Pet Shop Boys album review by Ryan Beardsley.

I do love a ‘Singles’ collection, it’s like a musical autobiography and for a group as storied and influential as the Pet Shop Boys, what a story it is, especially as it’s one that started in an era when singles and chart positions were still significant. So let’s dive into Smash, a mammoth three-disc collection of every single they’ve ever released.

Disc one showcases 1986-91 when Neil Tennant and Chris Lowe burst onto the pop scene, looking and sounding like no one before them and scored hit after hit. West End Girls still sounds as daring and dangerous as it ever did, Opportunities’ satirical wit is as relevant today as it was at the height of the yuppie era and Suburbia is still as achingly catchy and ripe for mass sing along in 2023 as it was nearly 40 years ago.

When you think things can’t get any better, It’s A Sin, What Have I Done To Deserve This, Rent,  Always On My Mind and Heart all hit the spot. It’s crazy to look at hit after hit and see they were released in this order, including 3 no1s from the beloved Actually, begs the question of whether PSBs had any peers at this stage in their career?

Was It Worth It ends disc one and it’s interesting to note the change of tone as the PSBs enter the nineties, much more pure unabashed pop, more accessible and the chart positions continued to reflect this.

Nowhere is this more abundant as we move onto Disc two, Go West, one of their many adored covers, see the group descend a little into novelty for the first time. Like so many artists who began in the 80s, they seemed to struggle to find their place during the Britpop era similarly to contemporaries like Morrissey, Echo and the Bunnymen, The Cure etc.

With that said, there’s still fun to be had in this era with several top 10 hits, notably my personal favourite Se A Vida E a highlight, breezy, fun little ditty that just makes you feel like you’re on the beach without a care in the world.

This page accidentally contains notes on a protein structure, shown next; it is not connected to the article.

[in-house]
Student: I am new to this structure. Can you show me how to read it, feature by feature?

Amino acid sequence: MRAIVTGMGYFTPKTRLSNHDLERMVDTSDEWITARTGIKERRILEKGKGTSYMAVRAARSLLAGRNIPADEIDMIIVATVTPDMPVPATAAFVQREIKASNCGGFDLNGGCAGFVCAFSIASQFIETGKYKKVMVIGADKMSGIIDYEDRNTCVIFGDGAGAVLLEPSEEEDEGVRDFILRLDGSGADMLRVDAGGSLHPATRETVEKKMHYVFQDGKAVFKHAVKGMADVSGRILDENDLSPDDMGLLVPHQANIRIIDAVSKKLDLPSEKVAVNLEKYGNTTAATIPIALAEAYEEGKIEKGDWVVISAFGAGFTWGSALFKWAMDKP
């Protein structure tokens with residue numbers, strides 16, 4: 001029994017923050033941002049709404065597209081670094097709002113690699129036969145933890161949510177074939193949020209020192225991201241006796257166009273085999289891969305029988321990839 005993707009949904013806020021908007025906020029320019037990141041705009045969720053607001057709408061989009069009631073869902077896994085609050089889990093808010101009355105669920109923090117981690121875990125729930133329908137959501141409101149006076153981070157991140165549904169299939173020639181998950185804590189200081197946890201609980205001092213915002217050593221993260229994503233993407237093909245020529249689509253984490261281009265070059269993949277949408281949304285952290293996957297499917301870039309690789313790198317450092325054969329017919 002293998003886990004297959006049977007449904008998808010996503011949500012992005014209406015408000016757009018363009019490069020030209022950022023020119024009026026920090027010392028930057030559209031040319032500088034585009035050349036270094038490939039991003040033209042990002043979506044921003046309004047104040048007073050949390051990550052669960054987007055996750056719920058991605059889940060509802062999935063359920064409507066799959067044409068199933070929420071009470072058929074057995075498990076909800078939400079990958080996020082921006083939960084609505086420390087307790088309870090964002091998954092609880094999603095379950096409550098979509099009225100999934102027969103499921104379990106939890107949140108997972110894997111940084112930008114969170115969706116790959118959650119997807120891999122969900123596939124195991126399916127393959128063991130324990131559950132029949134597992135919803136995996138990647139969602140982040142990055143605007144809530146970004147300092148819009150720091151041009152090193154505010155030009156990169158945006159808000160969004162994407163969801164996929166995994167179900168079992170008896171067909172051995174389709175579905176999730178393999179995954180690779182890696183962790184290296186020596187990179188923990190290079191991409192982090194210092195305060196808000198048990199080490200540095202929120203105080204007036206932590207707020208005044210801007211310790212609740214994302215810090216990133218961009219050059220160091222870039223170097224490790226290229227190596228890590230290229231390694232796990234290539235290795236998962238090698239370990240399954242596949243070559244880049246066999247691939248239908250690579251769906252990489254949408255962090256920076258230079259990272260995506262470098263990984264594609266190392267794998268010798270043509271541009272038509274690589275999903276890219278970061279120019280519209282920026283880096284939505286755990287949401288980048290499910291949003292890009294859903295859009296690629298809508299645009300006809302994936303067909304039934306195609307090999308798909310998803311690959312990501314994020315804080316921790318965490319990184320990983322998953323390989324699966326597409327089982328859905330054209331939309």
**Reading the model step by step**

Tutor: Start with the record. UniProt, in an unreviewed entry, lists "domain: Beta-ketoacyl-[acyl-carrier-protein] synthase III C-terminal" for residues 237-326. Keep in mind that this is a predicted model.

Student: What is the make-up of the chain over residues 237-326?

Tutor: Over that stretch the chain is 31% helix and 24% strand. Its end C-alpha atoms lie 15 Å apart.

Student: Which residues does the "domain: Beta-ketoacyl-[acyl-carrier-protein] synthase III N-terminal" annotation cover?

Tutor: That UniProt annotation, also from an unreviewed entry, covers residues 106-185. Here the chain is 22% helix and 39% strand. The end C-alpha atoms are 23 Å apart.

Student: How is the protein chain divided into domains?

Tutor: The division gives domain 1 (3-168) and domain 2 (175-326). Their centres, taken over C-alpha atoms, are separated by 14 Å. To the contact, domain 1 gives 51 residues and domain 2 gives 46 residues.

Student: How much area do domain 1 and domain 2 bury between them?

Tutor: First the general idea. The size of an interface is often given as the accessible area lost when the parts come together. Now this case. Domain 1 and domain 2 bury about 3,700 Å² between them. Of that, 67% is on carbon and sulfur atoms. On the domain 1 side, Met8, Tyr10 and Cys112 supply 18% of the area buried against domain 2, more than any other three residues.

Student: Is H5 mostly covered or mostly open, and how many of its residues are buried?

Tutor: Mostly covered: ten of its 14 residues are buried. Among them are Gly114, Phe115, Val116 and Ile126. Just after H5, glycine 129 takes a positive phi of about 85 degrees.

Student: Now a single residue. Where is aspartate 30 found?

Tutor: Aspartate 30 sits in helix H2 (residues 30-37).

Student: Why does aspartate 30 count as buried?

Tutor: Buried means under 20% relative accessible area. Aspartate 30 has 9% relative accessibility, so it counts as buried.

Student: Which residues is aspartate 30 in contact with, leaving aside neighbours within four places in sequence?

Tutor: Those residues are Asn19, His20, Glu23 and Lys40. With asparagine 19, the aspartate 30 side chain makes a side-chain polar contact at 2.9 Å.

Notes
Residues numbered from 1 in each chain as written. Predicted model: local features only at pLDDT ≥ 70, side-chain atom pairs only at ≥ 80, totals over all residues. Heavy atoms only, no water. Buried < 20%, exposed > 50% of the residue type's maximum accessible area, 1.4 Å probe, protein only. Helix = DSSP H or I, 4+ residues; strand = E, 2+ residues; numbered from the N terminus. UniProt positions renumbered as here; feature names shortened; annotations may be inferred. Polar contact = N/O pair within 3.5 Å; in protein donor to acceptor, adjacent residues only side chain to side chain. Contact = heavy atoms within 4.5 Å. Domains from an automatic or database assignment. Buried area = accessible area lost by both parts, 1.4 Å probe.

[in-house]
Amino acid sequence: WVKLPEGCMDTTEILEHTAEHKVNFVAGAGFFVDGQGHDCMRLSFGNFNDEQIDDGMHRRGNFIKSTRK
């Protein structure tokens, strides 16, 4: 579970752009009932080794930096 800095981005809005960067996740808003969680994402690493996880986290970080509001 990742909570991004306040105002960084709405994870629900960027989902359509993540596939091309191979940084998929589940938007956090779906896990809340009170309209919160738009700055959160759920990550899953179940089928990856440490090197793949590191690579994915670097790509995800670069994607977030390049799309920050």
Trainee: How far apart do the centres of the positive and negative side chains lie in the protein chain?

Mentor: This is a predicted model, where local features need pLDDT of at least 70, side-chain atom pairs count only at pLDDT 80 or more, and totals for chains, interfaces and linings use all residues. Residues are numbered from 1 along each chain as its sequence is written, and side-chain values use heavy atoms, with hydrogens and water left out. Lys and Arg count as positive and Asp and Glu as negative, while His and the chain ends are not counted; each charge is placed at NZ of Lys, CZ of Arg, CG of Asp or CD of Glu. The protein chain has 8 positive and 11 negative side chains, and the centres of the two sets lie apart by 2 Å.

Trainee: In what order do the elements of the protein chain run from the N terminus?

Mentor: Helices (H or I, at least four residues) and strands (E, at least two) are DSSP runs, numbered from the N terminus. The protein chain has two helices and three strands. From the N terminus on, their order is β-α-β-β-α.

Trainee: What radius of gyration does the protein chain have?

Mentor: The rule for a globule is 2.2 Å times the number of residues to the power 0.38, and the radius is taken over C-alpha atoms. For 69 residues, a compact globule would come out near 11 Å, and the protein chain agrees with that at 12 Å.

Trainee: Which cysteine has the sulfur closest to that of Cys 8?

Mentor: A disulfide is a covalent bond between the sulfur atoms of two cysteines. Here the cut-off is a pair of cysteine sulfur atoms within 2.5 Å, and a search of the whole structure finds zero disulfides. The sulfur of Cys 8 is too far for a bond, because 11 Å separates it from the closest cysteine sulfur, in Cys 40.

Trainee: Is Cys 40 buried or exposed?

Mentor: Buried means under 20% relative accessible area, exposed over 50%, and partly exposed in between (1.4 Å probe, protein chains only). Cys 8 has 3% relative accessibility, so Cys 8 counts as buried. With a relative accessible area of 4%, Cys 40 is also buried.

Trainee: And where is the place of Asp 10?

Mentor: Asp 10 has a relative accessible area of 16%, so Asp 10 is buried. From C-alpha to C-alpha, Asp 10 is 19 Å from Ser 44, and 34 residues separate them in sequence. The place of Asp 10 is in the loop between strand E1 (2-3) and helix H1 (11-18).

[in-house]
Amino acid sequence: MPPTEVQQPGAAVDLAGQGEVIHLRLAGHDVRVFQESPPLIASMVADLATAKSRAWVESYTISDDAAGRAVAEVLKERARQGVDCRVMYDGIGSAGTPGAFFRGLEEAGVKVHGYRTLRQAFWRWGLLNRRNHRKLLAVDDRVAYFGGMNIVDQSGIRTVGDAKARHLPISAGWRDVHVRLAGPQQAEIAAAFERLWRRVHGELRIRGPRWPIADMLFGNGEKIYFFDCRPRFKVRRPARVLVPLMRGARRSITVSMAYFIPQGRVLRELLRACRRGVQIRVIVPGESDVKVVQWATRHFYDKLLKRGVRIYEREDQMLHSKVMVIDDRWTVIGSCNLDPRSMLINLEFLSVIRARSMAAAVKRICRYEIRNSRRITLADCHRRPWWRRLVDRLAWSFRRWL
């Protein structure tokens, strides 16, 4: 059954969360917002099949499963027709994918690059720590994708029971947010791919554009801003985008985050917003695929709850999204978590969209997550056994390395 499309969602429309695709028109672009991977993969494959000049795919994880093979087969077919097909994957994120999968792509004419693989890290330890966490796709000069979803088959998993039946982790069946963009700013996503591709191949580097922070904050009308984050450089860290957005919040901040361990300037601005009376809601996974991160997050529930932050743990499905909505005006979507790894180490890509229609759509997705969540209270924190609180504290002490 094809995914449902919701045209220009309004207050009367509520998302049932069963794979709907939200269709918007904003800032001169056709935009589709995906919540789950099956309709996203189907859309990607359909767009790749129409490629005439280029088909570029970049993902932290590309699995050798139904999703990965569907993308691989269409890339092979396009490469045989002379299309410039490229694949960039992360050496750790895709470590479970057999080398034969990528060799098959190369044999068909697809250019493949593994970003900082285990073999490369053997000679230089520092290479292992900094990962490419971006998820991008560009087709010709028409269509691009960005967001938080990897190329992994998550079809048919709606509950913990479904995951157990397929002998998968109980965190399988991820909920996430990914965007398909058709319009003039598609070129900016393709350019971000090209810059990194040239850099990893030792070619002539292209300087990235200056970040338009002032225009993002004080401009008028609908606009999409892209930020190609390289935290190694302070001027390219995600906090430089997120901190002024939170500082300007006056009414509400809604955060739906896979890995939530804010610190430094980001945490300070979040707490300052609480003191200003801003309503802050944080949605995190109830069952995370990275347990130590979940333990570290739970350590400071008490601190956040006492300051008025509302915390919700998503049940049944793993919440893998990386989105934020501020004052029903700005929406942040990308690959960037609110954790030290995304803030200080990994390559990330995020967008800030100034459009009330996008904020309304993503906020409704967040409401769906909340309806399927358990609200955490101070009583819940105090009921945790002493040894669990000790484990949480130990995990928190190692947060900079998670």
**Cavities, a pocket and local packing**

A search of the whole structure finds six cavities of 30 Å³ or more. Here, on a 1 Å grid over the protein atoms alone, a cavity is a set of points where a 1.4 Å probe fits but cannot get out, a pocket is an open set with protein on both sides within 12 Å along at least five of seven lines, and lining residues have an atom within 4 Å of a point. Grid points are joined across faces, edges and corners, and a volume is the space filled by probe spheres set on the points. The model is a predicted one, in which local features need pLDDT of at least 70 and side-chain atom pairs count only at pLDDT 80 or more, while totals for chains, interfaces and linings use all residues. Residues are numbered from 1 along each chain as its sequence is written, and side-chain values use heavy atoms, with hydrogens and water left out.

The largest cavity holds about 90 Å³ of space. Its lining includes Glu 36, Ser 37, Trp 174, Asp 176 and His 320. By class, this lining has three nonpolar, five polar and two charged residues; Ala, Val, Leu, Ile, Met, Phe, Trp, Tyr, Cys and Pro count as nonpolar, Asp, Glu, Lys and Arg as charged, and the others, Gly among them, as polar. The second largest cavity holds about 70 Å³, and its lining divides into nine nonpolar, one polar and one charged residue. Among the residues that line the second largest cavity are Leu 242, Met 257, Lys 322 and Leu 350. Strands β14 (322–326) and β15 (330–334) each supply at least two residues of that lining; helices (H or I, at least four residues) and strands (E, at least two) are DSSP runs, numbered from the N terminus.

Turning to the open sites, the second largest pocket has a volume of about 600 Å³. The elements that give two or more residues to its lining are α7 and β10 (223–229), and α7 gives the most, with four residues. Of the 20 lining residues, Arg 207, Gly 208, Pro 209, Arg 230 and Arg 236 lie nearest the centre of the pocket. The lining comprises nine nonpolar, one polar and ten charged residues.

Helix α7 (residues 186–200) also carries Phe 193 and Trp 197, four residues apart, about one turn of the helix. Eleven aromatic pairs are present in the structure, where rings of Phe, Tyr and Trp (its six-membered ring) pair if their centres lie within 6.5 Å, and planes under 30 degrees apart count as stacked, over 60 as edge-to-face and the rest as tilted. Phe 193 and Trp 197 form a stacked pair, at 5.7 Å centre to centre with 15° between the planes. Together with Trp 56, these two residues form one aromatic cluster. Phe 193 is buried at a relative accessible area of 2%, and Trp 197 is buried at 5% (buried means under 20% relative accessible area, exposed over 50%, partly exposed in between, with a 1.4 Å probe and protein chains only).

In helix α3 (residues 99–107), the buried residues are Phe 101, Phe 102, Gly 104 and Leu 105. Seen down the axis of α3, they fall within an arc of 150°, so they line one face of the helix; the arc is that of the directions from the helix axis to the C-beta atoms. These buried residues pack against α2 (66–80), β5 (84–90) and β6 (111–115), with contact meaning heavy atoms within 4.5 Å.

Disc two breaches the new millennium and ends with songs from PopArt, a 2002 Best of that allowed them to reclaim their identity and show out to a new set of fans now that the laddy Oasis days were well and truly gone. Essentially they could now be cool again; Miracles was vintage PSB, cool synths, a catchy chorus and funky beats encapsulate their time around early noughties era of creating music that felt right at home in Ibiza, rather than the shady side streets of Soho.

Disc three spans the last 20 years and I’d say it’s more for the die hards and less for casual fans but their are some real gems to be found here and there.We start with singles from 2006’s return to form Fundamental, seeing a return to political and social commentary that was once Neil Tennant’s calling card. In the shape of I’m With Stupid, Minimal and Numb, they touch upon the war on terror, the Blair years, and George W Bush.

As we move into the more recent past, the band release tracks that are more reflective, and it’s clear Tennant and Lowe are at peace with their legacy. 2013’s Electric has some fantastic dance pop, Vocal and Love Is A Bourgeois Concept showing there was still fire in the belly after 30 years of making music. 

All in all it’s an incredible legacy, even as a fan I had underestimated the staying power, modernism and sheer energy of the Pet Shop Boys back catalogue, their songs have truly aged like fine wine. They defined a generation, an entire culture for countless people, and with this new collection it’s likely a new generation might just be doing some Domino Dancing before too long.

You can purchase ‘Smash’ here 

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